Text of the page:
I agree with all of your material from Roger Nicole. He's one of my heroes. I agree entirely that we ought to describe someone's position in a way that he can recognize it. Nevertheless, it's quite right to do other things as well, including divulging our assessment of that position, even if others would disagree with that assessment. What more could be expected, really?

Here's the bottom line: a non-Calvinist has every right to claim, on the basis of sincere argument, that Calvinism is unbiblical. This is obviously an assessment with which the Calvinist himself would disagree. But the fact of this disagreement gives the Calvinist no right to claim that the non-Calvinist has set forth "an insurmountable obstacle" to genuine dialogue. And I think this sentiment is equally applicable if the parties were to switch places.

I'm sorry if my use of "chided" was excessive. I did mean it in the fairly innocuous sense of "expressing disapproval." And it seemed to me that you disapproved of Tom's description of Arminianism, did you not?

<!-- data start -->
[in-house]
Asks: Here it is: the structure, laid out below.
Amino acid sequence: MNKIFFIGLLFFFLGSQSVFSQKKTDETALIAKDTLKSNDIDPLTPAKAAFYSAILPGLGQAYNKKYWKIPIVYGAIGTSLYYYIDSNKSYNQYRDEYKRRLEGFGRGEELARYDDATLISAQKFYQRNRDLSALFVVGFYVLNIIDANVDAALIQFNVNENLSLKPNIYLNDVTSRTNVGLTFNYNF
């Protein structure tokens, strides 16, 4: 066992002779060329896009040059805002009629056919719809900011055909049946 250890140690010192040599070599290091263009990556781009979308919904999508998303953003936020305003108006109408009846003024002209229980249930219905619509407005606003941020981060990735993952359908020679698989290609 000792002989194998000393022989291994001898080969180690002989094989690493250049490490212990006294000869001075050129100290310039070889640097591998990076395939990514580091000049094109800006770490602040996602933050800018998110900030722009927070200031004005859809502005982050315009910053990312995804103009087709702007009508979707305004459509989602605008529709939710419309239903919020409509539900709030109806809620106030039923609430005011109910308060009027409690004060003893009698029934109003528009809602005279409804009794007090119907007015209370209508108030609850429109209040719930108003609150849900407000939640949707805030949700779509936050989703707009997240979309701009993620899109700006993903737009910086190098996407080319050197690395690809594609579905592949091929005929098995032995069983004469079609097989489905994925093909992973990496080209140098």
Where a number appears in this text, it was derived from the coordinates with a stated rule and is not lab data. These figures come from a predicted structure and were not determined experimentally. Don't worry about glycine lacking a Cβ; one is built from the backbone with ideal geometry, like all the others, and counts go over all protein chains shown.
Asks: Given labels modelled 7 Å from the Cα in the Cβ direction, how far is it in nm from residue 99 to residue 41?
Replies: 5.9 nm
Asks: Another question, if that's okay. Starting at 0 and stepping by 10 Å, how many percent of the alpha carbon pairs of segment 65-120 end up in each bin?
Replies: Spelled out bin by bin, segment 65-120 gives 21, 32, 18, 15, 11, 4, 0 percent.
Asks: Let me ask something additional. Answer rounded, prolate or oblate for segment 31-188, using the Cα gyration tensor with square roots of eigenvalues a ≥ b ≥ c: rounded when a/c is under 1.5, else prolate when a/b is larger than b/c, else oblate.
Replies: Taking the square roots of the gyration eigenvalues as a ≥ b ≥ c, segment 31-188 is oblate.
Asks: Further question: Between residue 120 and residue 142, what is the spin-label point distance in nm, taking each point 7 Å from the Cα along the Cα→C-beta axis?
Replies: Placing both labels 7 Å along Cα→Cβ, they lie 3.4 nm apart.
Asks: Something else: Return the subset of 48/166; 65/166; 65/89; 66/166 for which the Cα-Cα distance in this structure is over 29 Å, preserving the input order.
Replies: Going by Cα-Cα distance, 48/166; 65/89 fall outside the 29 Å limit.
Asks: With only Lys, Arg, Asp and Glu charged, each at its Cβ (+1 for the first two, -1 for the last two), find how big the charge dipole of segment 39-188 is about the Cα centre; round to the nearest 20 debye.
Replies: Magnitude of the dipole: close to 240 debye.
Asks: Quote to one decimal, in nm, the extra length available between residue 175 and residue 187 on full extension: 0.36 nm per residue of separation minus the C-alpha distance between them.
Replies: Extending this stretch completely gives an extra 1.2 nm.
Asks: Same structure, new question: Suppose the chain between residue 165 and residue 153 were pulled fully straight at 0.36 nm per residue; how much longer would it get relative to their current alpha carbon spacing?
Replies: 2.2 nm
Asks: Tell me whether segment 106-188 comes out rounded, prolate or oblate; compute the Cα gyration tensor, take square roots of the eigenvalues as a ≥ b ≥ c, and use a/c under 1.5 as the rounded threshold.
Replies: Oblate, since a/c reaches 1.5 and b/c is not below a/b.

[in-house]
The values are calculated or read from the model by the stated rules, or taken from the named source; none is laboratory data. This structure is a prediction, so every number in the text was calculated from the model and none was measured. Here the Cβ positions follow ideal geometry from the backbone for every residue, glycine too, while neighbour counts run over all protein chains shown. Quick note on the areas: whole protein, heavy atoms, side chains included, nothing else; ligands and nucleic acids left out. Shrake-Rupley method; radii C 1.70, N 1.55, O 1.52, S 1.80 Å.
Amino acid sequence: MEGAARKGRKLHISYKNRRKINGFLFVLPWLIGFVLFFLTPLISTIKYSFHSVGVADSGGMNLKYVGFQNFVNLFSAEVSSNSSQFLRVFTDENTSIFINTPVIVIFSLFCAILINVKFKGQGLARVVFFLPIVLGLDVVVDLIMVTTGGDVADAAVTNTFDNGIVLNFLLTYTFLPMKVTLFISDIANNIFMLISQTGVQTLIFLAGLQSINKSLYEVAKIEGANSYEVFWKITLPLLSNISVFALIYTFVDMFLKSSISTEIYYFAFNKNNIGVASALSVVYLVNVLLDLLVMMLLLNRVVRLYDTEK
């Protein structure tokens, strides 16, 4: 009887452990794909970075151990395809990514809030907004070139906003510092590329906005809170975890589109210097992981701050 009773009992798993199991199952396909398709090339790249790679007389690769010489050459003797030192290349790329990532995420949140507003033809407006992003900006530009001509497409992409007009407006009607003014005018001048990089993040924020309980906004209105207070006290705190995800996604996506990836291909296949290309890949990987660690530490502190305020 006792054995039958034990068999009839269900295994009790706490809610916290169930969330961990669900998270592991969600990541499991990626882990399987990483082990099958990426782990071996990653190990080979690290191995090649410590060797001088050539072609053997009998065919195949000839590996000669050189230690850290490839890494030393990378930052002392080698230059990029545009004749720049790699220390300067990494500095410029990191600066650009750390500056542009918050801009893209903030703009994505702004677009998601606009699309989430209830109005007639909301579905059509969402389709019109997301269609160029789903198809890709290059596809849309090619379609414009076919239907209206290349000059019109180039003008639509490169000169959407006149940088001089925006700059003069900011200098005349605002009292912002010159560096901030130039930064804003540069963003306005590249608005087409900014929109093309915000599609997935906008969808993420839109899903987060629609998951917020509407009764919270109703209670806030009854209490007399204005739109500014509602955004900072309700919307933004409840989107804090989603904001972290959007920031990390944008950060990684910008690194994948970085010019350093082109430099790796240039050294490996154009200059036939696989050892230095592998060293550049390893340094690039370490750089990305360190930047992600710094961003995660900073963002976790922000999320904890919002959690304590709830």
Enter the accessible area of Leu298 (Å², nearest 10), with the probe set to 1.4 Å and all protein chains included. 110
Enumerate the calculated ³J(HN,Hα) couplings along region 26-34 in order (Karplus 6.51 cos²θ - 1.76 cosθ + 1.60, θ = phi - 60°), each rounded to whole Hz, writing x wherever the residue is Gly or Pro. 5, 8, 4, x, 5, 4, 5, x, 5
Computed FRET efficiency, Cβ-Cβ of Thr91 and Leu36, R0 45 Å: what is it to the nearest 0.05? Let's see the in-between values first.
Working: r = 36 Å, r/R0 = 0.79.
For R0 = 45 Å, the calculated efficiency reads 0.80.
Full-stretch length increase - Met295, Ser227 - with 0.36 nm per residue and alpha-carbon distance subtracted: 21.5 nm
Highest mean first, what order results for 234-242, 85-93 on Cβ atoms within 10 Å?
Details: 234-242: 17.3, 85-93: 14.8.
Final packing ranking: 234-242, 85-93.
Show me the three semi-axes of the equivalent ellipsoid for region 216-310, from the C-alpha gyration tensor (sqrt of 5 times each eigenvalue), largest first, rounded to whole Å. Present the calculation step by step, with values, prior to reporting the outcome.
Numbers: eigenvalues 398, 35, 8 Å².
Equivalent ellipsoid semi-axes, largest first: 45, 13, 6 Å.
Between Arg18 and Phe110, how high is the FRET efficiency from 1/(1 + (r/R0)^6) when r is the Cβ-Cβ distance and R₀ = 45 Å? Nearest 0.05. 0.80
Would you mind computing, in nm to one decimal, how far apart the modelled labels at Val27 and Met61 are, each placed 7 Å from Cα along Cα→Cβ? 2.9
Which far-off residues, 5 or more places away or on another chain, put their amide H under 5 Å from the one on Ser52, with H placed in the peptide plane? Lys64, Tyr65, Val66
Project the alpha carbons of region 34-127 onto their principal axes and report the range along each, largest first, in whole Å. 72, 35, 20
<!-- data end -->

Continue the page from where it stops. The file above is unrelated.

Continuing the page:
You write:

Yet I am positive you are aware that during the 16-19c, no one--The Good, The Bad, The Ugly--could be our ideal model for theological dialog today.

No, I'm not aware of this :-)

If only we could return to the days when such treatises were written, when robust disagreement was articulated by principled and extensive argument, instead of the superficiality, invective, and innuendo that characterizes so much "dialogue" today :-)

That's only my opinion though, and mine alone, so it IS relevant :)

LOL; point taken.

Obviously we can RATIONALIZE Scripture. Nevertheless, it is still rationalizing SCRIPTURE.

I think if you put the question to Tom, he'd indicate that the latter does not exclude the former.

"Beyond this, in the sentence you cite Tom wasn't talking about where "the backlash began," you asserted, "but where it *ended*: the Arminian theology of the Remonstrants." Dr Welty, Dr Ascol very well could have been referring to where it ended but unfortunately he does not say that, you assume that.

No, I think my point is pretty well supported by abundant contextual factors. The entire paragraph is not about Arminius himself but about "his followers, called the Remonstrants, [who] drew up five statements setting forth the views of Arminianism." Tom makes his (disputed) claim immediately after that, and then proceeds to summarize the five points of the Arminians. I have little doubt, then, that he is speaking of the Arminian theology of the Remonstrants.